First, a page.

This second volume of a two-part issue of >i>The Chinese Economy>/i>,* on China's state-owned enterprises (SOEs), presents three articles that reflect very different points of view on the reform of SOEs and can give the reader a sense of some of the practical difficulties involved in reforming these industries. The first article, by Yang Famin of the Shaanxi Provincial Propaganda Department, conveys a sense of the feelings of being wronged held by at least some officials, and one presumes Party cadres in SOEs, in that interior province. He reflects the feeling that SOEs have contributed the most to China over the past five decades and are now being cast aside as so much "baggage" that needs to be "thrown off." At the same time, he argues, somewhat disingenuously, that SOEs have made huge sacrifices for reform and opening up, and have willingly accepted competitive disadvantages in order to promote other sectors of the economy. For instance, he argues that in the 1980s, as the township and village enterprises (TVEs) were being developed, SOEs continued to sell their products cheaply, to pay higher taxes, and to subsidize nonâstate-owned enterprises with insurance and personnel resources, subsidies that enabled TVEs to grow quickly. He also argues that SOEs suffered the burden of price reform because TVEs were allowed to adjust their prices freely while SOEs had to keep their prices low to help fight inflationary pressures.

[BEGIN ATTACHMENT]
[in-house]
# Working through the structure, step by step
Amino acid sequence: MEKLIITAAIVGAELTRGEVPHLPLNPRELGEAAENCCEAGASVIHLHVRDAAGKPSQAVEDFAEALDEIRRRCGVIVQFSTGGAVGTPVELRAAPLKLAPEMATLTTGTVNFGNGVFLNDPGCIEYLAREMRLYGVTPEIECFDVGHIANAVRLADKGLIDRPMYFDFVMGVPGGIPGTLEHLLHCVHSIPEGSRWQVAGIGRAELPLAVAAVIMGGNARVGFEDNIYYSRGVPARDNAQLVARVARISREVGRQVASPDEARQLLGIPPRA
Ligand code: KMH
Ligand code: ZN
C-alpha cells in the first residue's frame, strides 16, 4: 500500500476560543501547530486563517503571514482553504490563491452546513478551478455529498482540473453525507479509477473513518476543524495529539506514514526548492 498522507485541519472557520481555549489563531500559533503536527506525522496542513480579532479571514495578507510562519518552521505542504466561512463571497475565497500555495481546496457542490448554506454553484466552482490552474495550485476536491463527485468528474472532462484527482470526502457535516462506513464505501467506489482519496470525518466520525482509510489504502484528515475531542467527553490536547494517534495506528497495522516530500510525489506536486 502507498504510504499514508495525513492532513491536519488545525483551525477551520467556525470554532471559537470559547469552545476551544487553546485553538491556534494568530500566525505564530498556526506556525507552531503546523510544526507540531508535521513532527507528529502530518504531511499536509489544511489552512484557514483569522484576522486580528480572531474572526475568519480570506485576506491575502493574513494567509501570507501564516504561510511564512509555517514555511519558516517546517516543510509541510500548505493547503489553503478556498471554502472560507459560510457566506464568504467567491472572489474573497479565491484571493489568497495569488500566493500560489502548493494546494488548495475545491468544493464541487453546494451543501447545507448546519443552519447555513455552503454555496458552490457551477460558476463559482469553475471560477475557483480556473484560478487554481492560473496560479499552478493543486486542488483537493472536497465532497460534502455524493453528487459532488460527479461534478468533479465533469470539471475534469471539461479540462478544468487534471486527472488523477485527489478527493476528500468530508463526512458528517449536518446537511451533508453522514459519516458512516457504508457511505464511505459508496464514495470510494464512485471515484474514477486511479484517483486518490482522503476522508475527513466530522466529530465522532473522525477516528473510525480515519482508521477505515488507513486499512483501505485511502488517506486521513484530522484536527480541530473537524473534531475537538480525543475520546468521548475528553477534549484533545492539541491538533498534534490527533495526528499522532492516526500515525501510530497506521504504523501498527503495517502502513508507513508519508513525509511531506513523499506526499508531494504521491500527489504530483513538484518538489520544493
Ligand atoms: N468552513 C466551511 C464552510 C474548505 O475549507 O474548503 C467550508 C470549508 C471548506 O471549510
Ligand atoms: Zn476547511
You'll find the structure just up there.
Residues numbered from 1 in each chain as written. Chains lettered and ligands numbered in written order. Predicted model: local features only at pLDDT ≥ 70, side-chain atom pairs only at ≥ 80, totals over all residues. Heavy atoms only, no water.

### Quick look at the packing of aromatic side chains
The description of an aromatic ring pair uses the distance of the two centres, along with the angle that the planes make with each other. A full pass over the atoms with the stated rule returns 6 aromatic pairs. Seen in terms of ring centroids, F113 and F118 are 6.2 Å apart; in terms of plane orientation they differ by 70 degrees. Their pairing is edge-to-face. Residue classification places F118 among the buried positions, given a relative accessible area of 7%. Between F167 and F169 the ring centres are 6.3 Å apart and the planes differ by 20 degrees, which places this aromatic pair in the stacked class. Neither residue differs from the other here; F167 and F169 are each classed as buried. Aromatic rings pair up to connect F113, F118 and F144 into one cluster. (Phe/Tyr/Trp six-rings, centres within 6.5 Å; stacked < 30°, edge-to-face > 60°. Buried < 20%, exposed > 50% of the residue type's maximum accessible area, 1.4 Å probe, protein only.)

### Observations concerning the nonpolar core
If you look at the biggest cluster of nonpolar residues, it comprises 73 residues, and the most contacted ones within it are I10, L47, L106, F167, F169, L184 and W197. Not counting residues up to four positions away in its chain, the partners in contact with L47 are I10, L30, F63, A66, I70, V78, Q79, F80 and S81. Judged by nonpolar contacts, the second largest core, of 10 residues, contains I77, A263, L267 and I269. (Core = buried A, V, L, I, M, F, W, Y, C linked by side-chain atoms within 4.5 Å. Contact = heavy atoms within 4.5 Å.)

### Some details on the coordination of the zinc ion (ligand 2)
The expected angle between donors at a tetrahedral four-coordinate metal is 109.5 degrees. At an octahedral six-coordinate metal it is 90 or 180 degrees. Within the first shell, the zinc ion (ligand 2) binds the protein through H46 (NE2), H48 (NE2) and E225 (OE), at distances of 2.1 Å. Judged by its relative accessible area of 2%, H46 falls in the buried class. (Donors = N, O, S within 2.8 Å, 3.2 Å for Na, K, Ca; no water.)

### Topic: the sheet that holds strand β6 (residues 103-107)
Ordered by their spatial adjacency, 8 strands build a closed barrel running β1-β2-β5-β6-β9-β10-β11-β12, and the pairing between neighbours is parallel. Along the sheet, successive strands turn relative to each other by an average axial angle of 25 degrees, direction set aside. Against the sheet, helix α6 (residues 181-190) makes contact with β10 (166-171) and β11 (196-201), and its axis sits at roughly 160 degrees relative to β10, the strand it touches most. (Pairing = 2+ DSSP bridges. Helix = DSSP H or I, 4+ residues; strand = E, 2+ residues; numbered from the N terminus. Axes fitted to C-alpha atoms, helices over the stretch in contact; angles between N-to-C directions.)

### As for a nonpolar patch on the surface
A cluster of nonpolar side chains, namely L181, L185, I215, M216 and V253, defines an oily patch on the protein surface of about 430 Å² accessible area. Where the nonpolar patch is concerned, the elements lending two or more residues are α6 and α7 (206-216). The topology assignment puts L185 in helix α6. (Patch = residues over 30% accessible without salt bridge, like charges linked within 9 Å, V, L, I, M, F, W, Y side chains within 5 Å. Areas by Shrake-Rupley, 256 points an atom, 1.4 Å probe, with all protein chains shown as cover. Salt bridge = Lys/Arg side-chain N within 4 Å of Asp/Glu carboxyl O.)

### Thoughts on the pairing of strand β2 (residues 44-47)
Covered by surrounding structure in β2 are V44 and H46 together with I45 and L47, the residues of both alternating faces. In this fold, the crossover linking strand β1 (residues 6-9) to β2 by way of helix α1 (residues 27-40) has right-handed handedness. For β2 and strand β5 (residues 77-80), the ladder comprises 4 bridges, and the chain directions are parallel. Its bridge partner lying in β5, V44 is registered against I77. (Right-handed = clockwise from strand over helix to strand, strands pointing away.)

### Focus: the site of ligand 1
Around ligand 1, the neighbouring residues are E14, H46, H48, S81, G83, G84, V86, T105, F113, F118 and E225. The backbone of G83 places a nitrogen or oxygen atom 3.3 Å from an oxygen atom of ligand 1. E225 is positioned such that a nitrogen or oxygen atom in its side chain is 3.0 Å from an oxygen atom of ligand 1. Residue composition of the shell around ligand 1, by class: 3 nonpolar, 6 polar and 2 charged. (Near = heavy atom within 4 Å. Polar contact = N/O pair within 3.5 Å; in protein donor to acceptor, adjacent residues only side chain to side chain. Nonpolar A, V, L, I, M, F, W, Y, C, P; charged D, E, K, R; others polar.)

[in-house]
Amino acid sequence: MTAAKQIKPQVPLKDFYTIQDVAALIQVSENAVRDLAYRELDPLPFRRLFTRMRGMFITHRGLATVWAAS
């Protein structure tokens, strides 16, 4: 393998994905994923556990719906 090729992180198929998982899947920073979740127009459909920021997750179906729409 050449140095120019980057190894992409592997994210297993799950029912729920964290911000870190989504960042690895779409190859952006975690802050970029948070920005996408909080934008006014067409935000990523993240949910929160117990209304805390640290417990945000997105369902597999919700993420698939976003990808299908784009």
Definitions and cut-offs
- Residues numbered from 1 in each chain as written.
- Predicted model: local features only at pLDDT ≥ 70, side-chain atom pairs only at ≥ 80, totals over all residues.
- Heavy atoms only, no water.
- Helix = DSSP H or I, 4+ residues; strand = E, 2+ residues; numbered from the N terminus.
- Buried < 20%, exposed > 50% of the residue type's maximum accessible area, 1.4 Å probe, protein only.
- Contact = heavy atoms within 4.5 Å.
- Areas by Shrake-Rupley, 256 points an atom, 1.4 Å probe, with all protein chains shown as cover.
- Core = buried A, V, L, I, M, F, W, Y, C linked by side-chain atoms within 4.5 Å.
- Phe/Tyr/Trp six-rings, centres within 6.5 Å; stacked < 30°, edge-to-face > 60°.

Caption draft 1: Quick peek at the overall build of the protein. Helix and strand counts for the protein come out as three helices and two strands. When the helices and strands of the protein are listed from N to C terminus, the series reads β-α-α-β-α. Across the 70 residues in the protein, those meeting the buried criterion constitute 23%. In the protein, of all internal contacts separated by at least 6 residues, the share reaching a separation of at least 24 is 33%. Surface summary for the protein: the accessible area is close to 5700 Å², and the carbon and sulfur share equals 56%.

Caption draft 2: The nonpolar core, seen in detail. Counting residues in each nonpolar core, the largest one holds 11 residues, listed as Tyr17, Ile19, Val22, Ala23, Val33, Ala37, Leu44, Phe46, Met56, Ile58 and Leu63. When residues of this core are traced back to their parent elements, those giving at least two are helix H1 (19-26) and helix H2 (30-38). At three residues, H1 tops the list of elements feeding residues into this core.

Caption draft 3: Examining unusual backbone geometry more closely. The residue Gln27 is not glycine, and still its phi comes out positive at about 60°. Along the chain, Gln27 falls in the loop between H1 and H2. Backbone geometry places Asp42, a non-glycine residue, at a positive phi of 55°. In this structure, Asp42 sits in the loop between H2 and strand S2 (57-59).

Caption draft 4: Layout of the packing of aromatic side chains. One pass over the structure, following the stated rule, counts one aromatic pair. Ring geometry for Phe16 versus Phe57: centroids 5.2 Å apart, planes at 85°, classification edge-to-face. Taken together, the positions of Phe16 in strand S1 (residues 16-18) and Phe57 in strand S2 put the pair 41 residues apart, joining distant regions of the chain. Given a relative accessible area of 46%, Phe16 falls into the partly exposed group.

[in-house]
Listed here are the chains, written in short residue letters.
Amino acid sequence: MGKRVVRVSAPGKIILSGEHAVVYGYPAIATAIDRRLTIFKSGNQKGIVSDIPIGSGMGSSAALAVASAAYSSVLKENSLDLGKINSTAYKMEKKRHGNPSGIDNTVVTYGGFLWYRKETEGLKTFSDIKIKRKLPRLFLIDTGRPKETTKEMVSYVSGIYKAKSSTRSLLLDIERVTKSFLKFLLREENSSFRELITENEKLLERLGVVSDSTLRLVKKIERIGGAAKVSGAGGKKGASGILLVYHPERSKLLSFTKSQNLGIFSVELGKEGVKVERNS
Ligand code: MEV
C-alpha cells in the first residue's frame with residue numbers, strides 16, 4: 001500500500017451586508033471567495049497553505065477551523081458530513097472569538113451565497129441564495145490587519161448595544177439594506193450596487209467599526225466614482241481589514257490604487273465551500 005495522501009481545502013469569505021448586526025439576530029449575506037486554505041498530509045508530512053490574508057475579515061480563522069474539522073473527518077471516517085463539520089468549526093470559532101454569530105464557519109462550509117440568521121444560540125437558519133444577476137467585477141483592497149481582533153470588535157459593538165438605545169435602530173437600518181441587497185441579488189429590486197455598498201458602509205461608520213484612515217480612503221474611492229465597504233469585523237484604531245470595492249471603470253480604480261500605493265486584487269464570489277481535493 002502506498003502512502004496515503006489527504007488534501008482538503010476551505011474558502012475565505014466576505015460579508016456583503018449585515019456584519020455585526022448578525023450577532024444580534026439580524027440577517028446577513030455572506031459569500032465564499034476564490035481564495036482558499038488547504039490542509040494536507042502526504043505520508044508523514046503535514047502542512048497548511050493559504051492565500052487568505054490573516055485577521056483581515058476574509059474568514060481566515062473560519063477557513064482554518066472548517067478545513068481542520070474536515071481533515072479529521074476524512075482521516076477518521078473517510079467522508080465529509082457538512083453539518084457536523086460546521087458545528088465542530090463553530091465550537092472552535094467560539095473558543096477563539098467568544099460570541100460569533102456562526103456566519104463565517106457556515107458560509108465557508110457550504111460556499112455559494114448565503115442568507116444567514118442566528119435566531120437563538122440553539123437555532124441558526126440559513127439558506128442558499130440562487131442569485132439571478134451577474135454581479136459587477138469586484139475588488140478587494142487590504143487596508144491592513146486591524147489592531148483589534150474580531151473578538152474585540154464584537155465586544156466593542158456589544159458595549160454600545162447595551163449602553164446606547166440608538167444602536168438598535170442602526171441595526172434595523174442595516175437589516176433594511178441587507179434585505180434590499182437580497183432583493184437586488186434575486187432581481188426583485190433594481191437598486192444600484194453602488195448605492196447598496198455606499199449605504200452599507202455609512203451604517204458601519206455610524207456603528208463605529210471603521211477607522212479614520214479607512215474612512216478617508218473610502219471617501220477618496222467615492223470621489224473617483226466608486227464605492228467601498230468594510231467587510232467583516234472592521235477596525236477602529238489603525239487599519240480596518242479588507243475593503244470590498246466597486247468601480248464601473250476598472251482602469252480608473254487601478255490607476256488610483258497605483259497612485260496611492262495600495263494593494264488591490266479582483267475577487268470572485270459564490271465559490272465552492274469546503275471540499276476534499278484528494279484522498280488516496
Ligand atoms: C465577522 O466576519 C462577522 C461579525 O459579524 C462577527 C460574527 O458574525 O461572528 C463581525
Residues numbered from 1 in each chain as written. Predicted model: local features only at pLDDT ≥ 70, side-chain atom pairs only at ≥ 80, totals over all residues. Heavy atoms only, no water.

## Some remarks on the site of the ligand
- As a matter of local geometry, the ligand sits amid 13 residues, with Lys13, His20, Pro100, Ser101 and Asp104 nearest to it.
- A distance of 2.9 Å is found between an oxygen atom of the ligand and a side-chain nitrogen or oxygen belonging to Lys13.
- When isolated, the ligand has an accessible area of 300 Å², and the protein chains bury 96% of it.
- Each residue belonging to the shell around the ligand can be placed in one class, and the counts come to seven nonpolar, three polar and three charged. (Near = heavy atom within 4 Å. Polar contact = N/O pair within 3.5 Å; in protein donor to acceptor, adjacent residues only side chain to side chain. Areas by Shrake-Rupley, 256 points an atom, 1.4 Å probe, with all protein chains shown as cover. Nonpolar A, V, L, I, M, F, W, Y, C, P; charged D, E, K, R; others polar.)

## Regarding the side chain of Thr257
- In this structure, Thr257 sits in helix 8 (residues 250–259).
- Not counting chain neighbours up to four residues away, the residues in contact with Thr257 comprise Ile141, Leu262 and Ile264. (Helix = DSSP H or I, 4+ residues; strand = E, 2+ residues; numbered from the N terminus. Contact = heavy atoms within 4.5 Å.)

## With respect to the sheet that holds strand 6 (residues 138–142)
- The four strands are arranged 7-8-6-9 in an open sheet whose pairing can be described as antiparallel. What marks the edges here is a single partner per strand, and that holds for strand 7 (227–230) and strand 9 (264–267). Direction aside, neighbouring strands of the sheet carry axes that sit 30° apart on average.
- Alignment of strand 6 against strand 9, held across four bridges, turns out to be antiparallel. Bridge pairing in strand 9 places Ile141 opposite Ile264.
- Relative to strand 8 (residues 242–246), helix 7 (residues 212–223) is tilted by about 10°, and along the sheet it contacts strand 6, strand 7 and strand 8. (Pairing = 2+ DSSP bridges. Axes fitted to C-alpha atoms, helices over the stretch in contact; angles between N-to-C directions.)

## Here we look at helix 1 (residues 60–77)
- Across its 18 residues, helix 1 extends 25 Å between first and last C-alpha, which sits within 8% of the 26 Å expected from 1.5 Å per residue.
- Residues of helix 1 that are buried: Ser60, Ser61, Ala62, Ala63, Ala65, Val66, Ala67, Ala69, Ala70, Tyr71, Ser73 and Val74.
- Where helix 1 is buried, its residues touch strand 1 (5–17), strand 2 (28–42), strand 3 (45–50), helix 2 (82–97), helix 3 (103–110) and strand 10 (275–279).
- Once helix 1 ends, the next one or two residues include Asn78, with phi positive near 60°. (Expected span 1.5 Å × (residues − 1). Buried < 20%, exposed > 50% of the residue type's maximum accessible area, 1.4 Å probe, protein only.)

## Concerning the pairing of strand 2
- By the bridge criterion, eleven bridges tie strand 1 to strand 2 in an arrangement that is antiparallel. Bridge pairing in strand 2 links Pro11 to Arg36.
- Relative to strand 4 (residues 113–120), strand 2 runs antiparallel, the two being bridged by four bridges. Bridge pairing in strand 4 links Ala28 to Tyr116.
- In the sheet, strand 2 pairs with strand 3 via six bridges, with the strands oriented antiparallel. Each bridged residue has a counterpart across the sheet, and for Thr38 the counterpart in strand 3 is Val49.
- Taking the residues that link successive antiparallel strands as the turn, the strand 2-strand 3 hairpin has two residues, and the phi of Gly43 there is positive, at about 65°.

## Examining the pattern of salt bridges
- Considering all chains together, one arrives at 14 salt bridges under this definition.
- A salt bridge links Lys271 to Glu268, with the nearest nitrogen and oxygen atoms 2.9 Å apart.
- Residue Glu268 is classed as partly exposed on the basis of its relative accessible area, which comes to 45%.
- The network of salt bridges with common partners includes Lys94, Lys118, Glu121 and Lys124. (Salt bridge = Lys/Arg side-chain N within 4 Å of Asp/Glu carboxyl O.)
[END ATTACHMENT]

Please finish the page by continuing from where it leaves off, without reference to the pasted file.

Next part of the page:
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Volume (Year): 30 (1997)
Issue (Month): 4 (July)
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